Tag: quant

Standard breakout strategy

The book Following the Trend: Diversified Managed Futures Trading, Andreas Clenow, describes a simple “breakout” strategy:

If today’s close is higher or equal to the highest close in the past 50 days, we buy tomorrow; if the close is below or equal to the lowest close for the past 50 days, we sell open tomorrow and go short. A similar logic is used to get out of positions, where a long trade is sold when the close reaches the lowest point in 25 days and a short trade is covered when the price makes a 25-day high.

The book was published more than a decade ago and traders would’ve moved on from the basic strategy it described. However, we were curious if it ever worked at all on Indian indices. So, we ran a backtest.

Turns out, it never did.

Layering a trend filter seems to help a little.

While the strategy avoids some really steep drawdowns, the backtest doesn’t consider trading costs, taxes, etc.

While you could data-mine and get to a bunch of parameters that might work for “trading breakouts”, there is no reason why it should continue to work in the future.

Code and charts for other indices are on github.

Intraday Momentum, an Update

Back in 2016, we ran a sniff test on Intraday Momentum: The First Half-Hour Return Predicts the Last Half-Hour Return (pdf). We promised an update so here it is (eight years later).

We ran the strategy with both the first 15min and 30min formations with and without considering gaps. It continues to not work with the three indices we used: NIFTY, BANK NIFTY and MID SELECT. Here’s the one for the NIFTY. The rest are on github.

Some strategies may benefit from becoming well known. However, a vast majority of them don’t. This one belongs to the former.


Sometimes, you many not be able to directly buy an index or access a strategy because of regulatory hurdles, mandates etc… In these situations, replicating it using a basket of accessible securities might make sense.

For example, you can replicate the S&P 500 index using Indian indices: NIFTY 50, MIDCAP SELECT and NIFTY BANK.

In fact, you can do for any reference timeseries (strategies/funds) and apply leverage as desired.

Also, the loadings give you and idea of the shifting relationship between the reference asset and the basket over time.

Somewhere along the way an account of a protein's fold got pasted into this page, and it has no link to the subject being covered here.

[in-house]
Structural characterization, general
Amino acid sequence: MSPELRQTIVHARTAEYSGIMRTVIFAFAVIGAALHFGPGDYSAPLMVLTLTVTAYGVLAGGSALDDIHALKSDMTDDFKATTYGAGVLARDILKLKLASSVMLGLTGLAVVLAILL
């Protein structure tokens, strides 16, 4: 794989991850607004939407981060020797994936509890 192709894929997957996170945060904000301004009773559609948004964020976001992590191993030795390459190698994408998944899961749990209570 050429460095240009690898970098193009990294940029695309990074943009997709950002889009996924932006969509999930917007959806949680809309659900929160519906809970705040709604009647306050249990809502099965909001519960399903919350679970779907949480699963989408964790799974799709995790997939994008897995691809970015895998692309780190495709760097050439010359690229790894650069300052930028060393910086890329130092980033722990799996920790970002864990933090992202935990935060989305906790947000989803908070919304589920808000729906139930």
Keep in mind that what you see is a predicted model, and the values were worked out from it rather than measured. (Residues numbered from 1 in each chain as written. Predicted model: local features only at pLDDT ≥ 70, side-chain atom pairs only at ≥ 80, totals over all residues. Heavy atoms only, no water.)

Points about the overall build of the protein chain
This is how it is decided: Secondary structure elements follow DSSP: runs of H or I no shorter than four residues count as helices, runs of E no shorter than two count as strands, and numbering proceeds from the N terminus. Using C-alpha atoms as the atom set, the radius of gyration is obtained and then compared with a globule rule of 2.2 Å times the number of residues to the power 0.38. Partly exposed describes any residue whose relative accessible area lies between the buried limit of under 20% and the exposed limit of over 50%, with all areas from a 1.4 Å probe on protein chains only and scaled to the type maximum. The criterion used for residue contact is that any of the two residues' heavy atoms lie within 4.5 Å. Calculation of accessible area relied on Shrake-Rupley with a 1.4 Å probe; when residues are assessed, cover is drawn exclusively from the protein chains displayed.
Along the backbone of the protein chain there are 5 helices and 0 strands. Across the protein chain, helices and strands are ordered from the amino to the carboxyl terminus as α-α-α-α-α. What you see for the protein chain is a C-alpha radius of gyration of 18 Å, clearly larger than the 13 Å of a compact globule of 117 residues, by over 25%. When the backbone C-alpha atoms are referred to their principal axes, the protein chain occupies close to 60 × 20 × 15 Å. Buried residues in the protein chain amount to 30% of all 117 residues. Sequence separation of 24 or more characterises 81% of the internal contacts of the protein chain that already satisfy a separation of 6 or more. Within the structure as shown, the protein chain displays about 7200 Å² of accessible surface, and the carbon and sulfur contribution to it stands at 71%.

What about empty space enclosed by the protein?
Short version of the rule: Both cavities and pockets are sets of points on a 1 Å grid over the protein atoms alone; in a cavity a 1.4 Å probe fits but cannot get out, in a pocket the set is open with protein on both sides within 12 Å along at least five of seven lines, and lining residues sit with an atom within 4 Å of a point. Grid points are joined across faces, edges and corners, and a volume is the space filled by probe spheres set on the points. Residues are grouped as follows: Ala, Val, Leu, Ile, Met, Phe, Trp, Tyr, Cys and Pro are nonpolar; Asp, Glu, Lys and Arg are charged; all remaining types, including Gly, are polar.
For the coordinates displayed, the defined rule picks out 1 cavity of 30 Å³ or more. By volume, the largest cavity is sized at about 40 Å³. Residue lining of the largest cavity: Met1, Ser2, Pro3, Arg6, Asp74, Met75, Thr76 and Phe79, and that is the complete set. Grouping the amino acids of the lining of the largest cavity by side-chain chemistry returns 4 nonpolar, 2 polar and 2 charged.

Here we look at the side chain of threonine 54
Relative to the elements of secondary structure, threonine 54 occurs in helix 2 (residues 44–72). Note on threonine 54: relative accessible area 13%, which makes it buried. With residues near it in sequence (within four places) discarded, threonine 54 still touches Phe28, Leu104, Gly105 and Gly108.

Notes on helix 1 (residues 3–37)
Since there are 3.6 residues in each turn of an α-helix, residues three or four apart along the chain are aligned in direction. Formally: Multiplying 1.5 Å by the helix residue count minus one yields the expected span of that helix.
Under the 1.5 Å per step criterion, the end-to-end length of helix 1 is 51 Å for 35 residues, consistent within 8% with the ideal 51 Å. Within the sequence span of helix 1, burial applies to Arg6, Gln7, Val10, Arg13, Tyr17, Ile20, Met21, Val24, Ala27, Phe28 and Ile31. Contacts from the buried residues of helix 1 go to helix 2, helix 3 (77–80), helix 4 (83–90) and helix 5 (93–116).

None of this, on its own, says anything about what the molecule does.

Code and images are on github.

Market-cap Deciles and Circuit Limits

Our previous post discussed how liquidity drops exponentially as the market cap gets smaller. This illiquidity also means that a lot of micro-cap stocks spend their time out of the market.

This is a problem for direct equity investors in micro-caps if they actually try to bank the price appreciation they might have seen in the stocks that they own. And a bigger problem for momentum algorithms in the small-cap space.

Index funds in the micro-cap space have yet to go through a test of the liquidity mismatch between allowing redemptions at daily NAV vs. not being able to trade the underlying stocks for days on end.

Bull markets allow us the luxury of coming up with a plan for something that has plenty of historical precedent.

Market-cap Deciles and Illiquidity

Our previous post used AMFI’s classification of stocks by market-cap to analyze liquidity dynamics. What if we broke down the universe of stocks into their market-cap deciles and then applied the same illiquidity metric to them?

If you look at the full sample, median liquidity tracks market-cap.

Mid/small caps have an embedded illiquidity premium. While index/mutual funds are obligated to honor their NAVs on redemption, there is no guarantee that direct equity investors can exit without taking a direct hit. Liquidity flees during market stress.

During bull markets, the taps are open. December 2017 was the absolute zenith of the mid/small cap mania. Liquidity was ample.

A month later, the hangover began. Erstwhile small-cap momentum stocks would hit their lower-circuits within a few seconds of the open. The market-clearing price for some of them were a cool 40%-50% away from where they finished 2017. It was weeks of watching the portfolio slowly bleed away.

All this to say, understanding liquidity dynamics is as important as understanding the fundamental and technical aspects of the stocks you own.